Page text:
In Portugal, there are basic ATMs and there are also Multibancos. Multibancos in Portugal aren’t just used for withdrawing cash; you can also use them to pay utility bills, pay your VAT, pay your income tax, pay for concert tickets, and pay your social security contributions.
All of this is quite impressive until you’re stuck behind somebody who’s doing all of those things and, yes, sometimes people do spend 10 or 20 minutes doing all of those things.
Unfortunately, you will need to visit the ATM quite a bit when you visit Portugal. Although Portuguese card machines have gotten a lot better at reading non-Portuguese bank cards, it’s still a good idea to carry cash on you. Even if you do end up paying by card – for example, at a restaurant – it’s a good idea to have some cash on you for the tip.
Bank fees: it’s probably your bank
Most banks (everywhere in the world) charge you if you withdraw money when you’re abroad. Sometimes it’s a set fee (e.g. €2 per withdrawal), sometimes it’s a percentage (e.g. 5% of whatever you’re withdrawing), or sometimes it’s a combination of both.
Now, most countries have at least one bank that’s travel friendly. In the UK, Metro Bank is pretty good for travel within Europe. Revolt and N26, the app-based banks, are also very travel-friendly and available throughout Europe. Unfortunately, you’ll have to open those accounts in advance of your trip to Portugal: there’s not a lot that you can do once you’re here except work out which of your bank cards charges the lowest fees for use abroad.
Of course, there are exceptions like Euronet ATMs.
Warning: Euronet ATMs
When going to an ATM, it’s best to go to an official bank ATM like Santander, BPI, Crédito Agrícola, etc. There are a number of reasons for this. Firstly, if your bank card gets stuck in the ATM (it’s happened to me before) you can just go into the bank and get it back.
Secondly, and most importantly, their fees (if any) are going to be reasonable unlike say Euronet ATMs which have been popping up all over Portugal. The last time I used one of these was in Germany, and I was charged a €5 ATM fee and I shouldn’t have been charged anything. I think I only withdrew €20.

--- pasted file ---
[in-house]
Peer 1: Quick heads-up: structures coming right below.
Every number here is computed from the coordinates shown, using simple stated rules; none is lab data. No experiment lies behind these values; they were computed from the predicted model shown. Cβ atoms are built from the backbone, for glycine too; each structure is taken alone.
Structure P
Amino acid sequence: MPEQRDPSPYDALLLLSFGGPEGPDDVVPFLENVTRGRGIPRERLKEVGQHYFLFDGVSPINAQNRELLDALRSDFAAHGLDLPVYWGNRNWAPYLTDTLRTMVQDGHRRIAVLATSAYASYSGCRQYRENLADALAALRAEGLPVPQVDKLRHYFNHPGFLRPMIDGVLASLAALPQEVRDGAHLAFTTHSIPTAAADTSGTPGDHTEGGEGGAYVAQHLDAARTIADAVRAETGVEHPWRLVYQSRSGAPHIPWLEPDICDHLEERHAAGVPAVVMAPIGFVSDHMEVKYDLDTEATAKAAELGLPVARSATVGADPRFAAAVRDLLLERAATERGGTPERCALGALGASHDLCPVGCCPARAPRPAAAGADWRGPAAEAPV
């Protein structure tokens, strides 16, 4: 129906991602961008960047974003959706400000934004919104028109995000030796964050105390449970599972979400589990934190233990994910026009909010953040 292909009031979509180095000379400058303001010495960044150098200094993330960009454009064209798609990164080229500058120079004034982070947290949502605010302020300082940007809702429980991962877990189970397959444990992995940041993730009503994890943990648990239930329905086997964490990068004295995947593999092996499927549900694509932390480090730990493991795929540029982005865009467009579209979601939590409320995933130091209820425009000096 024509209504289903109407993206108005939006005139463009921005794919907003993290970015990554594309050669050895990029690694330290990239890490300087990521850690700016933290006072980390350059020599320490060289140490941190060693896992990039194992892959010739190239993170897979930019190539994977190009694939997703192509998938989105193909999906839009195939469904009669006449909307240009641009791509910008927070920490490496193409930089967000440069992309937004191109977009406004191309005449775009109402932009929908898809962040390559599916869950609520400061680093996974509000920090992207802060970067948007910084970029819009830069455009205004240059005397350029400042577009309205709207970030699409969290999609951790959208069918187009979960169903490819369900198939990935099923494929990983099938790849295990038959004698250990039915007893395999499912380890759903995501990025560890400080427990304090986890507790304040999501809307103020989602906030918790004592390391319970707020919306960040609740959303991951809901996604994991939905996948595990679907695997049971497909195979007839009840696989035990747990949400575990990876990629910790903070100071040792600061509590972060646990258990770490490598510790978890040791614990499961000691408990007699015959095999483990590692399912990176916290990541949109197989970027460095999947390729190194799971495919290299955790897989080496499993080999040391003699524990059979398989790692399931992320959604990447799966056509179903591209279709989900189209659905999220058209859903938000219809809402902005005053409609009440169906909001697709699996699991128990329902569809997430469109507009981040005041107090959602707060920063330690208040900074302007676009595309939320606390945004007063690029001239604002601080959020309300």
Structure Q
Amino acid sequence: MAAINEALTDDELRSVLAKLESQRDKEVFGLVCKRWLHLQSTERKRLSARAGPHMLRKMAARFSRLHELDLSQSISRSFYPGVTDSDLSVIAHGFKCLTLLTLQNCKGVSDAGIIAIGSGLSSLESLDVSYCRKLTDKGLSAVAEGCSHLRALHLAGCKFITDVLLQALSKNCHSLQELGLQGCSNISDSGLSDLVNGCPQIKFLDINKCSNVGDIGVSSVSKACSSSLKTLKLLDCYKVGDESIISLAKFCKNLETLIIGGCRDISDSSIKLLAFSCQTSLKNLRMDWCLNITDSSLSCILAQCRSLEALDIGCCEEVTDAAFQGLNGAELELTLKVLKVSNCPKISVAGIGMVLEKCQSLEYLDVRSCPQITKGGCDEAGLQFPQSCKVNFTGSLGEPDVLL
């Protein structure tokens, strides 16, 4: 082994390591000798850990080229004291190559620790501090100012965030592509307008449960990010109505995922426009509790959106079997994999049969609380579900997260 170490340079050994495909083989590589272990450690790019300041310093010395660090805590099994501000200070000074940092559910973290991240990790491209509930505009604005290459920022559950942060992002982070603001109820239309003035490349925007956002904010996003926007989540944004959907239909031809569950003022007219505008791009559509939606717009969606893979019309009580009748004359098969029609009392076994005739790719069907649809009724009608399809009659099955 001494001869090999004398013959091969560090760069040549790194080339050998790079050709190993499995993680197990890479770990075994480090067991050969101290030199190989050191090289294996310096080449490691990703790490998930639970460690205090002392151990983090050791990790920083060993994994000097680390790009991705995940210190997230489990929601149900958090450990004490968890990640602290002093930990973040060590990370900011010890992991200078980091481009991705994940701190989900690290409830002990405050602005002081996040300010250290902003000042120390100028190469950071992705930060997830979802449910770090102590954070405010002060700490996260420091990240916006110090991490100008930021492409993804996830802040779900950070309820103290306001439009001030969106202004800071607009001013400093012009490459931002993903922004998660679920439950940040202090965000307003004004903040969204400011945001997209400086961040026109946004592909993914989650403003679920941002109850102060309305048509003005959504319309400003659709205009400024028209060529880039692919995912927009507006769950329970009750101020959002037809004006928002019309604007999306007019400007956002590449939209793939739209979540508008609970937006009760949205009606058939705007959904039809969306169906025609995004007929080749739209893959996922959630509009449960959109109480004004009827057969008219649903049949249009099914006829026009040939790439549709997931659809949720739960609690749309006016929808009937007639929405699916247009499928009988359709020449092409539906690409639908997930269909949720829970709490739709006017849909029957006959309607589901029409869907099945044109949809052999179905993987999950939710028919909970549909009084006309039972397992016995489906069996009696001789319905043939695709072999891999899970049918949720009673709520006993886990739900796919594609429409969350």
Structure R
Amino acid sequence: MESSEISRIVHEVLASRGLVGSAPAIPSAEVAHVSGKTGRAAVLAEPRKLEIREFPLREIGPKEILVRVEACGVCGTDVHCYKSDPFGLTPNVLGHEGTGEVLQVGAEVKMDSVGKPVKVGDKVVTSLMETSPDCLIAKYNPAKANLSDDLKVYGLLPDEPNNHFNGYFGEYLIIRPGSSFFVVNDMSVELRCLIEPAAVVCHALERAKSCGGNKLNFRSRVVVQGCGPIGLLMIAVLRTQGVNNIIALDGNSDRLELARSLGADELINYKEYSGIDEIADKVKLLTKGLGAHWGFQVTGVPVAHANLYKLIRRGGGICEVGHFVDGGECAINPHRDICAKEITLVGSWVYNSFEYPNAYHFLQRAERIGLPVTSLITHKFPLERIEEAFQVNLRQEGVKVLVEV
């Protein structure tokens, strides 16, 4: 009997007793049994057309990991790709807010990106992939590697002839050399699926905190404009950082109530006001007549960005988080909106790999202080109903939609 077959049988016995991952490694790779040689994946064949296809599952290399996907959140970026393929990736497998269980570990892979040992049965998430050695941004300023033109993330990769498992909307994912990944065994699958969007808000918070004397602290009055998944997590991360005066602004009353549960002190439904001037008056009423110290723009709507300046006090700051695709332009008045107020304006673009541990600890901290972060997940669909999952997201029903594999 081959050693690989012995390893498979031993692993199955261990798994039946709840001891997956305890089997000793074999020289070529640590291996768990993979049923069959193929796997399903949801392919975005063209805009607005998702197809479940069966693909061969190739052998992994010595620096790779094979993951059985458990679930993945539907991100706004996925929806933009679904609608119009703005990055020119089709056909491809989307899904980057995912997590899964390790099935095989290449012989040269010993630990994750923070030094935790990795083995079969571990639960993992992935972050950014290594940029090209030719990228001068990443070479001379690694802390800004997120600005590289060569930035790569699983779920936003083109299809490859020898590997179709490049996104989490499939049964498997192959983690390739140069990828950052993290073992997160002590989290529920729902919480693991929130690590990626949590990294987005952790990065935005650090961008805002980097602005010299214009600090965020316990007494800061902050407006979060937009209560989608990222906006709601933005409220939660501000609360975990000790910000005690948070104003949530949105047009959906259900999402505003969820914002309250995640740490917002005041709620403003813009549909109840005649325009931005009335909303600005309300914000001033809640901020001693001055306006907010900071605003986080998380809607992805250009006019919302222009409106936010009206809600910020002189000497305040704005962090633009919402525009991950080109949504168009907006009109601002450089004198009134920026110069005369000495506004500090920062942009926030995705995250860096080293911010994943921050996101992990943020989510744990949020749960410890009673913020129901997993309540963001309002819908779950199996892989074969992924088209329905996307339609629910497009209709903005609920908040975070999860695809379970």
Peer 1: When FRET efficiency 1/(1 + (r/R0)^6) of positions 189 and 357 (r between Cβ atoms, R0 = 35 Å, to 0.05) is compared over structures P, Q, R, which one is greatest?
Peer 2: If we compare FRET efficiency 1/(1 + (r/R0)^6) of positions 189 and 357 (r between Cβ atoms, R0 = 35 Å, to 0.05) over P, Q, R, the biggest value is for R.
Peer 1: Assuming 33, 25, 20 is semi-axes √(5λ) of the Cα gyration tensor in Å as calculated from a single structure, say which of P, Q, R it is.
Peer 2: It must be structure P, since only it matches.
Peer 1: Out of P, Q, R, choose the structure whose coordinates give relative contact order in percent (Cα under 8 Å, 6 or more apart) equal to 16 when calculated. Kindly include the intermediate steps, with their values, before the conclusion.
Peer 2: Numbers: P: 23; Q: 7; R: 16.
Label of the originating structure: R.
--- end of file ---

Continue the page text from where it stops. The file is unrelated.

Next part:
The worst part: it never said “this is going to charge you, do you wish to proceed?” I didn’t know until I was checking my bank statements a few days later.
These ATMs are now all over Portugal, but especially Lisbon, Porto, Madeira, and the Algarve. They’re usually blue and yellow (the logo is blue and white) and are usually placed somewhere that’s incredibly convenient.
Avoid them if at all costs. You’ll typically pay a fee of somewhere between 7.5% and 20% on whatever you withdraw.
Most ATMs have a withdrawal limit of €200 per day. That’s enough cash to last for a few days, but not for an entire week. The problem isn’t having to go to the Multibanco, but whether your bank back home will issue a fee every time you make a withdrawal.
Some banks charge a fee that’s a percentage of the total withdrawal, while others charge a fee for every withdrawal or both.
To avoid ATM fees, you should:
- Pay online, where possible: Hotels, train tickets, and car hire can all be booked online.
- Order currency before you go to Portugal: Visit your bank, Bureau de Change, or online currency shop and get Euros sent to you before you leave for Portugal. (Normally the latter is the cheapest option).
- Pay by card, where possible: While many banks charge for ATM withdrawals abroad, some credit cards can be used abroad without incurring any fee. If this is the case, save your cash and use your card when you can.
Should I accept the conversion?
If you are trying to use a non-Euro bank account at the ATM (for example: Sterling or Dollars) you will be asked whether you want to accept the ATM’s conversion rate or go with the as yet unknown conversion rate that your bank will give you.
You are always better off saying no and going with whatever conversion rate your bank offers you. It will almost always be better than the rate the ATM offers you.
When the ATM asks for your pin, you might see space for six digits e.g. – – – – – –
All you need to do is enter 4.
I’ve never actually met anyone who has a 6-digit ATM pin, but there must be some reasoning to it.